Star Wars fan film ‘Bucketheads,’ shot in South Surrey, makes its debut

Volunteer initiative features new LED screen technology

Surrey RCMP detachment. (Contributed file photo)
RCMP investigating report of shots fired in South Surrey

Police say they have not yet found evidence to confirm incident

Darlene Bennett, right, speaking about her murdered husband Paul at a press conference in 2018. (File photo: Tom Zytaruk)
Widow of Surrey murder victim seeking referendum vote on policing transition

Darlene Bennett files application with Elections BC seeking binding referendum vote

B.C. Labour Minister Harry Bains in the B.C. legislature, May 13, 2019. (Hansard TV)
VIDEO: B.C. to provide 3 days of sick pay for COVID-19 absences

Province will support employers on cost, labour minister says

BC Housing minister David Eby. (THE CANADIAN PRESS/Chad Hipolito)
Eby jabs back against Penticton mayor’s ad urging BC Premier to intervene in shelter dispute

Eby writes that Penticton’s ‘serious’ social issues won’t improve under leadership of the mayor

Provincial health officer Dr. Bonnie Henry updates B.C.’s COVID-19 situation at the B.C. legislature, April 29, 2021. (B.C. government)
B.C.’s COVID-19 rate creeps up again, 600 new cases Wednesday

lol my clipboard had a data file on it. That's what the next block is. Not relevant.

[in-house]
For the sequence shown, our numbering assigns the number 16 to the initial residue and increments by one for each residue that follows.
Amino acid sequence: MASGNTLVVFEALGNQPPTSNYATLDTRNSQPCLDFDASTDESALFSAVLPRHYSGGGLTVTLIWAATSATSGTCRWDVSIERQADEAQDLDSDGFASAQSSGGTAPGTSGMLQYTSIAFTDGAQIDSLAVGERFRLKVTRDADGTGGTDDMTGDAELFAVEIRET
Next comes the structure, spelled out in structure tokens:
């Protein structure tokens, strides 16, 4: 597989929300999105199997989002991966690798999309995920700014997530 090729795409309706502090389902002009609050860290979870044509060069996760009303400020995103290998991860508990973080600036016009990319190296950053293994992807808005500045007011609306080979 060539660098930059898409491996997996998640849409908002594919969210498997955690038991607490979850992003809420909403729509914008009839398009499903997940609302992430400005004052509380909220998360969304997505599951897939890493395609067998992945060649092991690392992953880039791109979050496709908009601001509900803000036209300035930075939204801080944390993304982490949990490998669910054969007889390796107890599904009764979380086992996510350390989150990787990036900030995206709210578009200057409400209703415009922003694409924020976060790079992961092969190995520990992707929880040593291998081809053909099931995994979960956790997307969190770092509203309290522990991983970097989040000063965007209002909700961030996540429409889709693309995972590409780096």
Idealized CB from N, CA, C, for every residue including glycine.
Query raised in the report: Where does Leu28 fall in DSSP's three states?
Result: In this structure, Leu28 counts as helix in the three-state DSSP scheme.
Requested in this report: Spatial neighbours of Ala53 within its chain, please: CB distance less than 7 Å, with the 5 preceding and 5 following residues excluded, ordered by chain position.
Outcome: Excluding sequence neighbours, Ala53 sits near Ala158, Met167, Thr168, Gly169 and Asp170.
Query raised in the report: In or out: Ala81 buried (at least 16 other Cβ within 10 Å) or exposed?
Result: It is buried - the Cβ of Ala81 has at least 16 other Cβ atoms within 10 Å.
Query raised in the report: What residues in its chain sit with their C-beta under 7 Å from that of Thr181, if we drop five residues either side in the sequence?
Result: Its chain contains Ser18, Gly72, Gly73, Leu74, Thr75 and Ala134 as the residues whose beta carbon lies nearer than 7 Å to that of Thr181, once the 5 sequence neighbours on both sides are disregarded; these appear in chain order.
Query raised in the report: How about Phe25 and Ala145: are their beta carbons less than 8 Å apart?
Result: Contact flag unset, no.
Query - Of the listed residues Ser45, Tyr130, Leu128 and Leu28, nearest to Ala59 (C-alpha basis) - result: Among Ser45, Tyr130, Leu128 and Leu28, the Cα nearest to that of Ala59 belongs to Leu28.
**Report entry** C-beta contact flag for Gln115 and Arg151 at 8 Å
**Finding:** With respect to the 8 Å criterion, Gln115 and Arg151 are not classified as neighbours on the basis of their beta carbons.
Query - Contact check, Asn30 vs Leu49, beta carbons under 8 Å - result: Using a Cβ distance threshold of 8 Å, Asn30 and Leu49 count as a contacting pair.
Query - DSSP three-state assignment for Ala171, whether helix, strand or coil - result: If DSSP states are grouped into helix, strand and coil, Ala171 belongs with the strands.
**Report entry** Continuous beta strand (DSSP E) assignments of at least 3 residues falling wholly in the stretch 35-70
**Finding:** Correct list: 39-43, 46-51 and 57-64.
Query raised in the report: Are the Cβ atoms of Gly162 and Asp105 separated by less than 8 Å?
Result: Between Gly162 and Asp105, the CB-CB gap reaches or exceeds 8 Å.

One more death, 423 people in hospital with virus

B.C. Agriculture Minister Lana Popham takes questions in the B.C. legislature in 2017. (Hansard TV)
UPDATE: B.C. will fund another year of fresh fruit, vegetables, milk in schools

John Horgan government working on school meal program

Vancouver mayor-elect Kennedy Stewart addresses supporters in Vancouver on Sunday, Oct. 21, 2018. THE CANADIAN PRESS/Darryl Dyck
Vancouver mayor says there’s no time to redo details of drug decriminalization plan

Kennedy Stewart says a federal election could see the small window of opportunity close on the city’s bid for an exemption from criminal provisions on simple possession of small amounts of drugs

Premier Mike Horgan received his first dose of a COVID-19 vaccine. (Facebook/John Horgan)
More than 50% of people eligible in B.C. have received 1st vaccine dose

‘We’ve made extraordinary progress together over the past few weeks,’ says Premier Horgan

The Northern Spotted Owl Breeding Program welcomed a new chick in April 2021 after it was artificially incubated for 32 days while still in its egg, hand raised for a week and then returned to owl foster parents Sedin and Amore. Chick B is now settling in at the family nest, which the public can view live online. (Jasmine McCulligh/Special to Langley Advance Times)
VIDEO: Baby owl welcomed at Langley’s Northern Spotted Owl breeding site

Facility has launched an Adopt-a-Chick fundraiser to help with expenses

Heavily armed police officers responded to a call on 203rd Street near Fraser Highway. (Dan Ferguson/Langley Advance Times)
Update: Police swarm Langley dollar store after man with a gun reported

Weapon turned out to be an Airsoft pistol, RCMP said

Most Read